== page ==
So far the institutions have been reticent. But now there are three serious museums exhibiting the work of two very prominent digital artists working with NFTs.
Let’s remind ourselves that NFTs (non-fungible tokens) are certificates of digital ownership inscribed in a perennial and secure way using blockchain (a form of technology that stores encrypted information). NFTs are seen as the ideal solution to the problem of reproducibility in digital creation. In March 2021 the American artist Beeple (born in 1981) made headlines for selling a compilation of 5000 of his digital images at Christie’s for 69 million dollars. I interviewed him on this occasion.
But much more interestingly, in 2021 the same Beeple created what is being called a “phygital” artwork: one that is simultaneously digital and physical. In a kind of oscillating aquarium made up of four rectangular screens, “Human One” features an astronaut walking through a series of backdrops in perpetual metamorphosis, remotely operated by its creator.
This work, reminiscent through its imagery of Giacometti’s “L’homme qui marche” (Walking Man), is displayed at Castello di Rivoli museum in Turin, alongside a portrait by Francis Bacon from 1956-1957 not far from a futuristic work by Giacomo Balla from 1915 (See here the interview of the buyer of Human One, Ryan Zurrer).
Carolyn Christov-Bakargiev has a proven track record in the art world with her direction of Documenta in 2012 and the Istanbul Biennale in 2015, among other things. Today she is director of the Castello di Rivoli. She strongly believes in it: “In Bacon’s painting, like in Beeple’s sculpture, there’s a kind of existential box in which the figure is enclosed. Beeple is a Warhol of our age.”
And when we point out the illustrative side of the images produced daily by Beeple she counters by saying: “Do you think Andy Warhol was accepted in his time when he first presented his Campbell soups?”
At the Centre Pompidou Metz, in the Grande Nef gallery space, director Chiara Parisi will soon be exhibiting “Machine Hallucinations, Rêve de nature”. This is an NFT taking the form of a gigantic installation by the Turkish artist who lives in Los Angeles Refik Anadol (born in 1985). 100m2 of moving images are made up of a synthesis of public data on nature and recomposed using artificial intelligence.
He spoke to me from his studio in Los Angeles: “I have been working with data for 14 years and I was part of the first generation of AI artists (artificial intelligence) in residence at Google. Data is everywhere. In six years I worked with 2 billion images. It’s a way of using humanity’s memory.”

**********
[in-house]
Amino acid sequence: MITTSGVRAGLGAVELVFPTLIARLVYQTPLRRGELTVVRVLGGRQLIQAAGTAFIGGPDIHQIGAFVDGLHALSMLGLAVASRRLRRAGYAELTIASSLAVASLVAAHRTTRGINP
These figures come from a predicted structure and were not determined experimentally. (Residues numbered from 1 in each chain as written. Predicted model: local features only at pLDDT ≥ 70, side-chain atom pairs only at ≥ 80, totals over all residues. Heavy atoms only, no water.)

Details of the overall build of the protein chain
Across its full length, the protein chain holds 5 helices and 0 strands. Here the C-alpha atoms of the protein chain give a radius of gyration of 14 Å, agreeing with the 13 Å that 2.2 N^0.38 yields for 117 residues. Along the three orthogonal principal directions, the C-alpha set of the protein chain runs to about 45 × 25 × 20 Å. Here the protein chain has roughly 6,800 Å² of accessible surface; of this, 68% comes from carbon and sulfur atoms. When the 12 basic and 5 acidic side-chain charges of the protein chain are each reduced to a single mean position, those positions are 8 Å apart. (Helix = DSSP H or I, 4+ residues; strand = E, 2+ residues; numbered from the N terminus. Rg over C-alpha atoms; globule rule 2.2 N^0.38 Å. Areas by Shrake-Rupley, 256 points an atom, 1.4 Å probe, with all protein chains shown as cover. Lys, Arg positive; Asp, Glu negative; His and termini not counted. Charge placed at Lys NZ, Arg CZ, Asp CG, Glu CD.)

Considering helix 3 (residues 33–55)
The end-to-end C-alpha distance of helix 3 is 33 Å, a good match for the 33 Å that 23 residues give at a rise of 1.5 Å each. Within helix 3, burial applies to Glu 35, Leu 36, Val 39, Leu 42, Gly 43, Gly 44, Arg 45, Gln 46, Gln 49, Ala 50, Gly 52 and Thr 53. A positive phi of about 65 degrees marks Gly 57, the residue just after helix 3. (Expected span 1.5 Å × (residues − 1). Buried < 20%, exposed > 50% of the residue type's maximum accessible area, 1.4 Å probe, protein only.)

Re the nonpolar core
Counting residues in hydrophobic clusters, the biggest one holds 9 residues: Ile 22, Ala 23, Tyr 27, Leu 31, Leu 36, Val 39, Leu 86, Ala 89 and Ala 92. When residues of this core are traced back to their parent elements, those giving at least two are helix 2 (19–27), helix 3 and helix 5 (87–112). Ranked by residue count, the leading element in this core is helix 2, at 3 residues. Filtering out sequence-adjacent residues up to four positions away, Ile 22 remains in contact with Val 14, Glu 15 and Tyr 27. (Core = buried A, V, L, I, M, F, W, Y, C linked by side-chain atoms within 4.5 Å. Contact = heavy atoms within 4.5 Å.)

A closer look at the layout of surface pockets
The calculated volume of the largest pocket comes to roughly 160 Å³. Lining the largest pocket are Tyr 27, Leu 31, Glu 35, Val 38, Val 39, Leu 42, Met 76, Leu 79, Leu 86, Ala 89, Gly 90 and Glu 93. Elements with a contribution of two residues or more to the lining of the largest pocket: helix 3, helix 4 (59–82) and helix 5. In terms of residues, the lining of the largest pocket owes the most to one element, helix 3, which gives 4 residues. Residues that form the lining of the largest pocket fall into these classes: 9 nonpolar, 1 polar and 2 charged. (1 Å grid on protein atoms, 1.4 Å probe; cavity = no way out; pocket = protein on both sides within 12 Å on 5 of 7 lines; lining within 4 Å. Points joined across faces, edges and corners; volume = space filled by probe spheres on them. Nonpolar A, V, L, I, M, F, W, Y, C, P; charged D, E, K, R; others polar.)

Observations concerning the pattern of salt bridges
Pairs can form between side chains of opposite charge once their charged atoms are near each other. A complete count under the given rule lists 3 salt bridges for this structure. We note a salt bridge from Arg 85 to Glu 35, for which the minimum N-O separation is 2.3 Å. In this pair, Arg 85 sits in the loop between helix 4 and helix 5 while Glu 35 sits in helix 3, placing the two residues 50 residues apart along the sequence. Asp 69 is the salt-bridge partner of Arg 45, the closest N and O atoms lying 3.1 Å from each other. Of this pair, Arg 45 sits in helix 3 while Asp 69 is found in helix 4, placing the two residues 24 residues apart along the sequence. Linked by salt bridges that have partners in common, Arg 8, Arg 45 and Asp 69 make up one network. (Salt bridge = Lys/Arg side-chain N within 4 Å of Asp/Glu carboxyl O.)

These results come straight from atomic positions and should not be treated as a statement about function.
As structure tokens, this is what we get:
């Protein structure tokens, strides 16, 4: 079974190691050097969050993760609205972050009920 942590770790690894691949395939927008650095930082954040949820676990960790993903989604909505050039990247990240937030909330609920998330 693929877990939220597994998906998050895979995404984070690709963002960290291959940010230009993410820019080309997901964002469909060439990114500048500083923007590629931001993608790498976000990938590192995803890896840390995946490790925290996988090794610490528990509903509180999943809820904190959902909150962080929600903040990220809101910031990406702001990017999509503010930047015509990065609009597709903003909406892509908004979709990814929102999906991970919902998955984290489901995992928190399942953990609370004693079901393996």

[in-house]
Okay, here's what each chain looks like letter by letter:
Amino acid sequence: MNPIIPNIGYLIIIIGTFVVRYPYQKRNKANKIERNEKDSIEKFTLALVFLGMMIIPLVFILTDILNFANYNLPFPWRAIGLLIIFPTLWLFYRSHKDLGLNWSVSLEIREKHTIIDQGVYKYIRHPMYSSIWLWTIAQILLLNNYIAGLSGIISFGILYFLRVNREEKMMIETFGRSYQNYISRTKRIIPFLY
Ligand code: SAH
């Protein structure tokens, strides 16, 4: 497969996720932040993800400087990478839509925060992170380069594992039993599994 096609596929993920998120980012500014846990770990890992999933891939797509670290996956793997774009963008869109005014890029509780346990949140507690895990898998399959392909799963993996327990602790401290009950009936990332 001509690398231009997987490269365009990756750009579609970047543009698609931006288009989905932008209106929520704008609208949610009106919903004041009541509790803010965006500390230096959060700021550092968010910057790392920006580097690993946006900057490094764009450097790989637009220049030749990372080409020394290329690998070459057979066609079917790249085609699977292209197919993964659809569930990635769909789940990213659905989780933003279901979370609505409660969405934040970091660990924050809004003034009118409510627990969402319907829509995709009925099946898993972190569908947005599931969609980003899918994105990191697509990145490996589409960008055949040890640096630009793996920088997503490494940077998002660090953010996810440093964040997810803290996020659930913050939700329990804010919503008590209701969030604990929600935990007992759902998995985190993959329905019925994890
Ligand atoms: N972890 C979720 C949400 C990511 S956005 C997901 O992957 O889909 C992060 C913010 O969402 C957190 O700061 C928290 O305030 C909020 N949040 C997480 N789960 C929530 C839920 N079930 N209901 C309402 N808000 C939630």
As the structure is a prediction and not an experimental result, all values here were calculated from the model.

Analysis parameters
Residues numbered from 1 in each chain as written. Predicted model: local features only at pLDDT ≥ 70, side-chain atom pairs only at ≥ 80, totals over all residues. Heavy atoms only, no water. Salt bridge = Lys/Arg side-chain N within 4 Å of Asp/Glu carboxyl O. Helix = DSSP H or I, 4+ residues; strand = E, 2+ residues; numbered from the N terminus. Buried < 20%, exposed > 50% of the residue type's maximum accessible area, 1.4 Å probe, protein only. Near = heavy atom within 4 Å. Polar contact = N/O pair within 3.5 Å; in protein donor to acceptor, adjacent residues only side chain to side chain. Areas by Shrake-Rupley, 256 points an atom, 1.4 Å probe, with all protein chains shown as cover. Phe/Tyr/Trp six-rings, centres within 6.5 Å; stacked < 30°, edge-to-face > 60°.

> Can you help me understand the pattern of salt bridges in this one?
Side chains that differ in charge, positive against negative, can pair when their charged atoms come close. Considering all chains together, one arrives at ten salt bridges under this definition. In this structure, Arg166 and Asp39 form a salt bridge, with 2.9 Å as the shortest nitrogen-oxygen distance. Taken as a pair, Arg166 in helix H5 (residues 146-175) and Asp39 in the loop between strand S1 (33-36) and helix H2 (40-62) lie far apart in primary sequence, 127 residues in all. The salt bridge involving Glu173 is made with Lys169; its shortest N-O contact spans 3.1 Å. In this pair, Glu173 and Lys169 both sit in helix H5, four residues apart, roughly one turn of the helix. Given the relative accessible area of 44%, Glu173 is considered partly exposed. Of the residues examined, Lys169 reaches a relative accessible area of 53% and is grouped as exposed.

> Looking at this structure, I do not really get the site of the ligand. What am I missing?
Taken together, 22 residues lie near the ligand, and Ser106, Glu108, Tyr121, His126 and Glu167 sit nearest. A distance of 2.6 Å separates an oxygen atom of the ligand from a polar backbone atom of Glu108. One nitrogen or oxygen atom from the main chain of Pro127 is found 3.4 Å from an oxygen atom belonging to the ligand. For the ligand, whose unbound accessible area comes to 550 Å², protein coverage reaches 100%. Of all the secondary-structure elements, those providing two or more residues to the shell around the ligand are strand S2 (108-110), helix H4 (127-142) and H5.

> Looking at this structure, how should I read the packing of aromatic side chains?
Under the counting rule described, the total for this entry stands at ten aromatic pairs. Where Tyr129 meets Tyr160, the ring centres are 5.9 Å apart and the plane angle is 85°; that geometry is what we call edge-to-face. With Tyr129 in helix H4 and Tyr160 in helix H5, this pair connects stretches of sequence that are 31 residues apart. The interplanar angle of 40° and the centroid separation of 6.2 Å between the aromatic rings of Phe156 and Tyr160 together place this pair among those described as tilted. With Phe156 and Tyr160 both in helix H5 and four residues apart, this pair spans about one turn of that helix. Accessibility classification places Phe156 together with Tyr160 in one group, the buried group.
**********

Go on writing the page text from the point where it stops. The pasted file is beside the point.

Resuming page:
Not everything is art in the NFT market
In his view, entering museums is a new and crucial step. With regards to the art market he thinks “not everything is art in the NFT art market”. He adds a sentence that could only be uttered by users of the Metaverse: “I love the physical world.”
Michelle Kuo at Moma
Last November Moma in New York brought Anadol onto its site but without buying a piece from him or giving him a physical space at the museum. “He deploys technology in an unprecedented direction,” justifies Michelle Kuo, who is a curator at Moma. “We are exploring new audiences.” Refik Anadol reveals that a new collaboration will be on display with Moma next November.
At the Palazzo Strozzi in Florence, not far from the stunning exhibition dedicated to Renaissance sculptor Donatello, we also find Beeple and Anadol exhibited. Visitors seem hypnotized in front of the giant moving image by the latter, which plays sinuously with illusions of depth and texture. “We want to display unprecedented things,” concludes the director Arturo Galansino, who is not, however, prepared to make a statement on the future of these two artists who, in their own way, are already part of the history of our times.
-Refik Anadol. From 11 June to 29 August. https://www.centrepompidou-metz.fr/refik-anadol-machine-hallucinations-r-ves-de-nature
– Let’s Get Digital. Until 31 July. https://www.palazzostrozzi.org/en/
– Expressioni con Frazioni. Until 25 September. www.castellodirivoli.org
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